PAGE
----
Osteomas are benign bony tumors of the skull that are relatively common, occurring in up to 10% of the population. The most common osteoma is the peripheral type which emanates from the outer surface of the skull. They develop through centrifugal growth from the periosteum with trauma and vessel bleeding being the most recognized cause. (particularly when it occurs at a young age) But most forehead osteomas in my experience have no recognized traumatic origin.
The removal of forehead osteomas should almost always be done without using a direct overlying incision. While a direct incision is the easiest surgical approach it leaves a scar which could potentially be as aesthetically distracting as the osteoma is. They direct incision in the the older patient who has existing deep horizontal wrinkles or in the bald male may be an acceptable approach. But in almost all other cases leaving the exposed forehead free of any scar is the preferred method.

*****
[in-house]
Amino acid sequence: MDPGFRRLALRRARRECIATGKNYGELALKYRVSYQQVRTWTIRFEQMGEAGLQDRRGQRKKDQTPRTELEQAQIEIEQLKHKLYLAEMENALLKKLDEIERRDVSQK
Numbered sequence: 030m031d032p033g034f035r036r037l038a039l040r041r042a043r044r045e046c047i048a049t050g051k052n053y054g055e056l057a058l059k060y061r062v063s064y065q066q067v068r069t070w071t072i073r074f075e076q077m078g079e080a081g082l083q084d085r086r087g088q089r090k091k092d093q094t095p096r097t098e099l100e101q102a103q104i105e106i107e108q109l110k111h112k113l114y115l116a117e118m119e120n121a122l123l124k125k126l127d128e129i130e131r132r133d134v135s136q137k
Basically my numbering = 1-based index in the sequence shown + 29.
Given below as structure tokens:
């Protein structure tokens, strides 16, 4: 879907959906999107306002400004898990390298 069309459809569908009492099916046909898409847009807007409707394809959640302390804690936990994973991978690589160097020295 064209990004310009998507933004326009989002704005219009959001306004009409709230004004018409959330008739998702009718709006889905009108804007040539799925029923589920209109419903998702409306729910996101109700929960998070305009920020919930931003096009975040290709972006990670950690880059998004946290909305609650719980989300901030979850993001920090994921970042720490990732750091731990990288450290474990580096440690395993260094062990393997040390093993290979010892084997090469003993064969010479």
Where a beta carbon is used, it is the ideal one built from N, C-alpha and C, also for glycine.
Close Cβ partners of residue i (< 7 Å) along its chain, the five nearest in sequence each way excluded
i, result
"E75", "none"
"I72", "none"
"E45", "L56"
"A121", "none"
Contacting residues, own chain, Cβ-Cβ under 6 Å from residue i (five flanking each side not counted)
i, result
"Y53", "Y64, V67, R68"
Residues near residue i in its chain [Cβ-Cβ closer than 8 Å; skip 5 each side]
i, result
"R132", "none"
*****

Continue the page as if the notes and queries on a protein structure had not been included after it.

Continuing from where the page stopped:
In the November/December 2020 issue of the Journal of Craniofacial Surgery an an article on this topic was published entitled ‘Endoscopic Forehead Approach for Minimally Invasive Frontal Osteoma Excision’. In this paper the authors describe a patient case who underwent endoscopic removal of a forehead osteoma using two 1 cm incisions behind the hairline. No complications from doing so occurred. The endoscopic technique offered good visibility and permitted safe dissection with minimal bleeding. The outcome achieved with endoscopic technique could be the first-line surgical treatment of benign bone tumors of the frontal area, offering more advantages and better results than the conventional surgical approaches.
In 2020 a case report using endoscopic removal of a forehead osteoma as a sentinal technique seems dated. This is what I would consider the standard approach and has been so for some time. Rather than a two incision technique it can be done through a single incisional port in my experience in most cases. If the osteoma is in the upper third of the forehead a small hairline or slightly retro hairline incision can be used with direct visualization rather than though endoscopic guidance.
Forehead osteomas should not be confused with forehead horns…which they frequently are. Forehead horns are overdevelopment of the frontal eminences and often occur bilaterally in the upper forehead. Because of their broader base and lack of an edge they can not be removed by an endoscopic technique. They require a burring reduction done through an incision at or behind the hairline directly above them.
Dr. Barry Eppley